Researchers interested in consulting archives, or contacting an archivist regarding remote assistance, should register via the access form.
Advanced appointments to access archival collections are to be set up via the access form. Additional requests may be placed by phone (516) 883-4400, X168.
Division staff will determine which materials can be made available for use and when surrogates must be used in lieu of originals.
Connections: Portraits exploring relationships between Port residents and unique art from our collections.
This photographic exhibition looks at personal connections to original works of art. Each historical painting, etching, photograph, map and graphic has played a role in the lives of the men, women and children who are portrayed here. Look at your
This short documentary film was produced by the Local History Center to give an overview of the rich history of nautical life in Port Washington. From clamming to yacht clubs, let this video introduce you to the ways in which
Stanley Gerard Mason (1895-1975) was Port Washington’s local photographer and longtime proprietor of the Mason Studio. Mason photographed important local figures…. Mason’s studio camera dates back to around the 1920’s, however, several elements revert to camera models from the mid-to-late-nineteenth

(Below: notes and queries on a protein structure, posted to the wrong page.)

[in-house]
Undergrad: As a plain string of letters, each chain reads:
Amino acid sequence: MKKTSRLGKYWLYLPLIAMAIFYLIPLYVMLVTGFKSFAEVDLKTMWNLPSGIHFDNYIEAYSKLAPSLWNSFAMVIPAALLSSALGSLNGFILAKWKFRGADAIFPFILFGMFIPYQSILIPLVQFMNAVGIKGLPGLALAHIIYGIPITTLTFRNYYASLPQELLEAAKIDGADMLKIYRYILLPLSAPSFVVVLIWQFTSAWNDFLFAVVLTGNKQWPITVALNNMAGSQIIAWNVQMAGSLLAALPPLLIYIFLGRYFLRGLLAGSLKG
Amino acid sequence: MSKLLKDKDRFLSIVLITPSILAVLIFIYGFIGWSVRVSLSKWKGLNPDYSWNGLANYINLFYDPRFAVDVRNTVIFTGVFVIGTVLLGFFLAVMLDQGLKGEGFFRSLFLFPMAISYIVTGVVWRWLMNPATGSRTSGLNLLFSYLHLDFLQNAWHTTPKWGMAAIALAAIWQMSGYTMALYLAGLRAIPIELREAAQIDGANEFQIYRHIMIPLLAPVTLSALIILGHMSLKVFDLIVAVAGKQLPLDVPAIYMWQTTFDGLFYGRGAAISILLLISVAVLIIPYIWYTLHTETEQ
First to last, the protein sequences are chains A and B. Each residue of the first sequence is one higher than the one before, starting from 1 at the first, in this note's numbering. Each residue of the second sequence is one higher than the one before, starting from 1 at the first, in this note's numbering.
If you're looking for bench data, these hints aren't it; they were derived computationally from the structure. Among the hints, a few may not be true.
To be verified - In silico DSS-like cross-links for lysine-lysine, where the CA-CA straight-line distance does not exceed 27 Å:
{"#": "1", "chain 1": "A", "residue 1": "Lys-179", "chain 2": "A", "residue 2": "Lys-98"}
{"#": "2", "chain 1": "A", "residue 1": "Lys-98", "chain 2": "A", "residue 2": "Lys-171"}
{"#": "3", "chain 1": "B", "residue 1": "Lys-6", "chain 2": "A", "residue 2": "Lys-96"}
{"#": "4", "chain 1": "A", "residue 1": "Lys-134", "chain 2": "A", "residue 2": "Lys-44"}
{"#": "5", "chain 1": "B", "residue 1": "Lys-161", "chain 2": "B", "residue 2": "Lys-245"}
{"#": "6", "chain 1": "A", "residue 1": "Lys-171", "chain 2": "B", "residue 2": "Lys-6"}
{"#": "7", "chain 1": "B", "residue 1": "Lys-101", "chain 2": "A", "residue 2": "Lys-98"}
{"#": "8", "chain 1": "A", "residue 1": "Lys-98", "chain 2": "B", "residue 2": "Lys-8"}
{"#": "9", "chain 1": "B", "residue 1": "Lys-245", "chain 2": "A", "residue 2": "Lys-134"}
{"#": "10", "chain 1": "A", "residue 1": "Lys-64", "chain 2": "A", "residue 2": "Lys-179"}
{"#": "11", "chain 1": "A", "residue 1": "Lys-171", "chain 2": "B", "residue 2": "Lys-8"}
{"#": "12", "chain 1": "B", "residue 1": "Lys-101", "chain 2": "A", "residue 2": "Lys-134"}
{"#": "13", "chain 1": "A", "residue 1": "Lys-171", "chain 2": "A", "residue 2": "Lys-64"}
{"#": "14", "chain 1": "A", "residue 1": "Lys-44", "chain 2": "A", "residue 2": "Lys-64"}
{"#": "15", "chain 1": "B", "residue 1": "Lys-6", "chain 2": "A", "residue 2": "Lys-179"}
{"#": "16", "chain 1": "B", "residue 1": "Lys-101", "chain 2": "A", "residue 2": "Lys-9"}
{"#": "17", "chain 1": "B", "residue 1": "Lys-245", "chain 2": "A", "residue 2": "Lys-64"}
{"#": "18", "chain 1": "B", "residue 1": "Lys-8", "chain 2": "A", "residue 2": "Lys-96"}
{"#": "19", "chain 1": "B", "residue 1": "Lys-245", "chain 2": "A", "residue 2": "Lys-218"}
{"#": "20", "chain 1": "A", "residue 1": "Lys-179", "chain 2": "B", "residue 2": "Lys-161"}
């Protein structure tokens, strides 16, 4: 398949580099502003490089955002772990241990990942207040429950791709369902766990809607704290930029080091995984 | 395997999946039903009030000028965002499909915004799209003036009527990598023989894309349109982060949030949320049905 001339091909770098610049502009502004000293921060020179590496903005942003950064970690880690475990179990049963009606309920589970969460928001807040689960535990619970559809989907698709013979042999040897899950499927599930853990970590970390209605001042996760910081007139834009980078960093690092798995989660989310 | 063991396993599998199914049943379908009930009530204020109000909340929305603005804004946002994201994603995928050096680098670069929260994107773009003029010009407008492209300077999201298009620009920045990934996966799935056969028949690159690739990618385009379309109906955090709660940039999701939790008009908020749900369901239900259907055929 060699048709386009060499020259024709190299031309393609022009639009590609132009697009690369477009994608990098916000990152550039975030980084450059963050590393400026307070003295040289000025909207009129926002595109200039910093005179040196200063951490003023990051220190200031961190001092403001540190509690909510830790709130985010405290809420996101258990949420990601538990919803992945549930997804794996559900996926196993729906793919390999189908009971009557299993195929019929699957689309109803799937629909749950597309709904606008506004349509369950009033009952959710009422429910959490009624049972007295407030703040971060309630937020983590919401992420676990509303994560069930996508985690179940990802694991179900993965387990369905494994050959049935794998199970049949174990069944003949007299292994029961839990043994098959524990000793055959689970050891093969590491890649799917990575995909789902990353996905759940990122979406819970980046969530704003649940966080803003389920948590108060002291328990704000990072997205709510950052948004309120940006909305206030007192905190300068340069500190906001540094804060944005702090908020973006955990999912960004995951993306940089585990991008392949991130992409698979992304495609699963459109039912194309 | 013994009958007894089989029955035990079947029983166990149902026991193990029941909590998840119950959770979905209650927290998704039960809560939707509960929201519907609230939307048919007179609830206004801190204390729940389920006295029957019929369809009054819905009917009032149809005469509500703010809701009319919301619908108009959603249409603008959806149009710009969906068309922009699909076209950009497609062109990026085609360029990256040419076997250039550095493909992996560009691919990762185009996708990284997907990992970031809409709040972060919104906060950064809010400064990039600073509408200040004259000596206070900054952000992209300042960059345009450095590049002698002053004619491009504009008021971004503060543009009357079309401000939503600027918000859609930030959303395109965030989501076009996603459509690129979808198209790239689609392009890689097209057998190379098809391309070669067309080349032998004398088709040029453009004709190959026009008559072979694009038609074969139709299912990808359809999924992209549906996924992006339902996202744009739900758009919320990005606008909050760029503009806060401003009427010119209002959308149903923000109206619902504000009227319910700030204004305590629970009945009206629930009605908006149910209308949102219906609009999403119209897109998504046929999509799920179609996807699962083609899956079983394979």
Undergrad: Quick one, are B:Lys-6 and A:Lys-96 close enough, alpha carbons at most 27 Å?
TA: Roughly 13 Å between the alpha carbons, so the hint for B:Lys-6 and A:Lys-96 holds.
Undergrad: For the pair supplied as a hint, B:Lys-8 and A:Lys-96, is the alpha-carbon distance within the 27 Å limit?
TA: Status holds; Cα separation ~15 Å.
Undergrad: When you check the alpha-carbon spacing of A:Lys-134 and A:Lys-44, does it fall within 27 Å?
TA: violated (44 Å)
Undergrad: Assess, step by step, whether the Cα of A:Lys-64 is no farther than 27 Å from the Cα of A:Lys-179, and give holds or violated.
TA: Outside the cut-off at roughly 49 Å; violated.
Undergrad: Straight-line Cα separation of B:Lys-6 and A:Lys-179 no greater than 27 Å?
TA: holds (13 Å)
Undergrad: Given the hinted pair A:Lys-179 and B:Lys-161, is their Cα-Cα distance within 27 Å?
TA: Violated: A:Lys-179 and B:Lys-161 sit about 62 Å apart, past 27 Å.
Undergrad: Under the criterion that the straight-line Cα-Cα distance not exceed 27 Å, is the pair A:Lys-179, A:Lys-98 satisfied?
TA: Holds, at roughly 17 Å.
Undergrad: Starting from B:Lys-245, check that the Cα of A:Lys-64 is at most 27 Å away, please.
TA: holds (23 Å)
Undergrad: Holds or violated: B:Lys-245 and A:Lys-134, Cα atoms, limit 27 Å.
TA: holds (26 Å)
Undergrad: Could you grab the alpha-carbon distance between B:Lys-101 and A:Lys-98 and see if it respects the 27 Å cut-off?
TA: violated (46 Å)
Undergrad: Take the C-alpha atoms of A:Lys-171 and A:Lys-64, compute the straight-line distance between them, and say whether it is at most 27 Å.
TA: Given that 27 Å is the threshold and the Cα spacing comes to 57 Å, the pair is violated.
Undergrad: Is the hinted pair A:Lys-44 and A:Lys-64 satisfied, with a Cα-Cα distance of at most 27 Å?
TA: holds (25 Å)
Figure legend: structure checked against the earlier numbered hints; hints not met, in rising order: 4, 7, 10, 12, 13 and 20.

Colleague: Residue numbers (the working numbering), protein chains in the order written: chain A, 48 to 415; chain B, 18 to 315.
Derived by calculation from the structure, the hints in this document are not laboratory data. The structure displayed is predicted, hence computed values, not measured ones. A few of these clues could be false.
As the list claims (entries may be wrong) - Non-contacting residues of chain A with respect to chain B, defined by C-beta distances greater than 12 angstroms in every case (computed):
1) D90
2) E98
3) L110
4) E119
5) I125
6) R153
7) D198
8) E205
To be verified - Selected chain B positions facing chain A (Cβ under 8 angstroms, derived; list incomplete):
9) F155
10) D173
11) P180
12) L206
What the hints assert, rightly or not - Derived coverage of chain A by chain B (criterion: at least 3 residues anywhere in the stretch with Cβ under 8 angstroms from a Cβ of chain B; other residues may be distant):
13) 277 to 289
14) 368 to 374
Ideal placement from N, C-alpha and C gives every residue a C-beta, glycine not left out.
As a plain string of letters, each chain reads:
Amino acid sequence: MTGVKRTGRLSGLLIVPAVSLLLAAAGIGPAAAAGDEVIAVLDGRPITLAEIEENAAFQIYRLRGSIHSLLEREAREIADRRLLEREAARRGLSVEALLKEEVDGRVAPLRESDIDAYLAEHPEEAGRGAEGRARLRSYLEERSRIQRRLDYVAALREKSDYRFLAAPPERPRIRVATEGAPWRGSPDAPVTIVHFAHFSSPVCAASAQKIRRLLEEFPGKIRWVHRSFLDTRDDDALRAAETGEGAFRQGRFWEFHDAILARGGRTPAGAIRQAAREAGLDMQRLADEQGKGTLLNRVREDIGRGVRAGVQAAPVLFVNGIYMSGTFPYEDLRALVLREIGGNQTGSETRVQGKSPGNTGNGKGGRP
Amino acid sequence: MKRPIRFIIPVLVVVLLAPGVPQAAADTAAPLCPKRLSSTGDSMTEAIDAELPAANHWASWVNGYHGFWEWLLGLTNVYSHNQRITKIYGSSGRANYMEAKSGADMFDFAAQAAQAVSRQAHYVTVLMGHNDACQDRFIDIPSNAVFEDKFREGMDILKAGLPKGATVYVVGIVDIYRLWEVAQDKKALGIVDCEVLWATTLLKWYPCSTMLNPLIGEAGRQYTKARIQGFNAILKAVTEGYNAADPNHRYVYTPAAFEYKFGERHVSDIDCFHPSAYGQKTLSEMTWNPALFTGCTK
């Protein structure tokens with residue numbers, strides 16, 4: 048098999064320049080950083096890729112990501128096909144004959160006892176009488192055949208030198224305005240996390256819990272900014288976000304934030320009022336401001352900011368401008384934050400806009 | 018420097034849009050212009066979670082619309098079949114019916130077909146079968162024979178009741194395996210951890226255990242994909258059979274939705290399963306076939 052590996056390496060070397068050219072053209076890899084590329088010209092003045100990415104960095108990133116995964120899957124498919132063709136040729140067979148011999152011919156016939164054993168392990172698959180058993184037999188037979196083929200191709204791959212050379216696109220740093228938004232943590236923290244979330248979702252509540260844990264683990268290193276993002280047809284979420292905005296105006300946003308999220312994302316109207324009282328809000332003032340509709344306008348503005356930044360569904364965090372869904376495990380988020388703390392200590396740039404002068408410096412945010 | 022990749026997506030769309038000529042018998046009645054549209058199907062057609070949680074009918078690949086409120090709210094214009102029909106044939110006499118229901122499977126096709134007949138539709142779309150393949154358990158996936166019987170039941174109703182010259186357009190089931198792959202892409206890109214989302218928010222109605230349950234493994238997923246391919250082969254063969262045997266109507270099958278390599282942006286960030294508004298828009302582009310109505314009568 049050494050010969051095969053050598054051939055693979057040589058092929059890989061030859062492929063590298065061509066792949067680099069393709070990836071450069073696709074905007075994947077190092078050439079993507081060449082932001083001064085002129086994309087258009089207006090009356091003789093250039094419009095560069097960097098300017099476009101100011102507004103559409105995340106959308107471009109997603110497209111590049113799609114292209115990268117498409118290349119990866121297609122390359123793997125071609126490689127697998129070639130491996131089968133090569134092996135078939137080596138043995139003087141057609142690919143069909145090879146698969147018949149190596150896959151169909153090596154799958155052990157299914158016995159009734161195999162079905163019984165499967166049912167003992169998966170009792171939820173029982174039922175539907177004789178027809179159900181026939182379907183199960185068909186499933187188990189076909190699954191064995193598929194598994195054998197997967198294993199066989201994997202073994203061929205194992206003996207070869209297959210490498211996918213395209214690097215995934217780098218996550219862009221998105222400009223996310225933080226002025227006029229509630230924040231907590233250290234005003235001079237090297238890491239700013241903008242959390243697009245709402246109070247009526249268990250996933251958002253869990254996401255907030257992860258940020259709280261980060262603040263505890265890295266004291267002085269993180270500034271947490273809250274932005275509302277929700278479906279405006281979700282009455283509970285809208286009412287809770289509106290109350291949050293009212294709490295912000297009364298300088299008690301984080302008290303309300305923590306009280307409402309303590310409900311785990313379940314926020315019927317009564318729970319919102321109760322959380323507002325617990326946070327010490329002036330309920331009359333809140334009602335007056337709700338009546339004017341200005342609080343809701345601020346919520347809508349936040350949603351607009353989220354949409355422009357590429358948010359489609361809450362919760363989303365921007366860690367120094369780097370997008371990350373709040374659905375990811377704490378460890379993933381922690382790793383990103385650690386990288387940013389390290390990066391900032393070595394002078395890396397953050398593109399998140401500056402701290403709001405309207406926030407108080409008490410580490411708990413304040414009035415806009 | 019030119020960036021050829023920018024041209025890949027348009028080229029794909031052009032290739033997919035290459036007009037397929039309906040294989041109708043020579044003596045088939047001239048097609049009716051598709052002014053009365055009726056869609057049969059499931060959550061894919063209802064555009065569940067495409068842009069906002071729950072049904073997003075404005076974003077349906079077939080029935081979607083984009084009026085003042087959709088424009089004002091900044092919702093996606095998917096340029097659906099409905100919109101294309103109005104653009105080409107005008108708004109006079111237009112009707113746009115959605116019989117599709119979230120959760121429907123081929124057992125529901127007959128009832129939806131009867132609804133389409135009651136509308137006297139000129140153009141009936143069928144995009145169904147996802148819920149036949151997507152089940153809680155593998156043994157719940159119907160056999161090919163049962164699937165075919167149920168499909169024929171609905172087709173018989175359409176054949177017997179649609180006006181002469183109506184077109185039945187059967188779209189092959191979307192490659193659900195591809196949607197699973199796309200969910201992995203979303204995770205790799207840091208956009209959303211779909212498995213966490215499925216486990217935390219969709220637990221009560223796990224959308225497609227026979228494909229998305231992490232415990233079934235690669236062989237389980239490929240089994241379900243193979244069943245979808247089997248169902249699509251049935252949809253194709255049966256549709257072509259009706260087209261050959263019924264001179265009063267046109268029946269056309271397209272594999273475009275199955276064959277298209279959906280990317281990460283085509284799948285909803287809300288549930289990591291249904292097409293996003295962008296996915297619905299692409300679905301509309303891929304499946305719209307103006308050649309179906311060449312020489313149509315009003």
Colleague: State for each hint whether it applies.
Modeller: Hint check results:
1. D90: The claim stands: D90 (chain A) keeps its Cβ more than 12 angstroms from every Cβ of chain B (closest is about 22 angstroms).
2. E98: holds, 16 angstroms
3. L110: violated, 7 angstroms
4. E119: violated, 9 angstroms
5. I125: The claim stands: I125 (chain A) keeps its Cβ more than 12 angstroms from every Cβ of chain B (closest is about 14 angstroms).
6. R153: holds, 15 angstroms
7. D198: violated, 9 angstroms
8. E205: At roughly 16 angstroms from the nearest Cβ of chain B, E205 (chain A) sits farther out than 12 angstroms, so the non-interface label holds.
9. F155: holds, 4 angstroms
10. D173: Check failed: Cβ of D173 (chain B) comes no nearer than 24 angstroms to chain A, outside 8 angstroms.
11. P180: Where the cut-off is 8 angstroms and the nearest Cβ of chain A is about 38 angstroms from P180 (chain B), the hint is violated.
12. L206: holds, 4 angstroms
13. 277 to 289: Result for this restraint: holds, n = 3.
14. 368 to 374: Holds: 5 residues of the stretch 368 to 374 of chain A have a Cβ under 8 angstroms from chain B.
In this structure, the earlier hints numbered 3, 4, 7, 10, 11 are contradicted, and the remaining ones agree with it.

The Port Washington Public Library Local History Center collects and preserves our town’s heritage and makes it available to the public at the library and online. We house photographs, manuscript collections, oral histories, maps, and folk arts projects. Please visit
As the archives consultant at the PWPL Local History Center, I have been digitally scanning photographs from one of our collections, the Mason Collection, which consists of nearly 20,000 images about Port Washington. Of all the images I have seen so far
John J. Floherty (known as "Captain Jack") was a prolific author and Port Washington mainstay in the first half of the 20th century. He wrote more than 40 career-oriented books for young people, including such titles as Sons of the
In the 1910s and 1920s, 325 country houses of over 25 rooms were built on Long Island, which became home to some of the wealthiest families in America. Among them were the Guggenheims, Belmonts, Astors, Mackays, Vanderbilts, Goulds, Hearsts, Pratts, Coes,
On January 16th, 1920, the 18th Amendment made drinking alcohol illegal. "It was an era," wrote Port Washington News editor Ernie Simon, "when the most popular guy in town was the one who knew where the best 'speakeasy' was." Police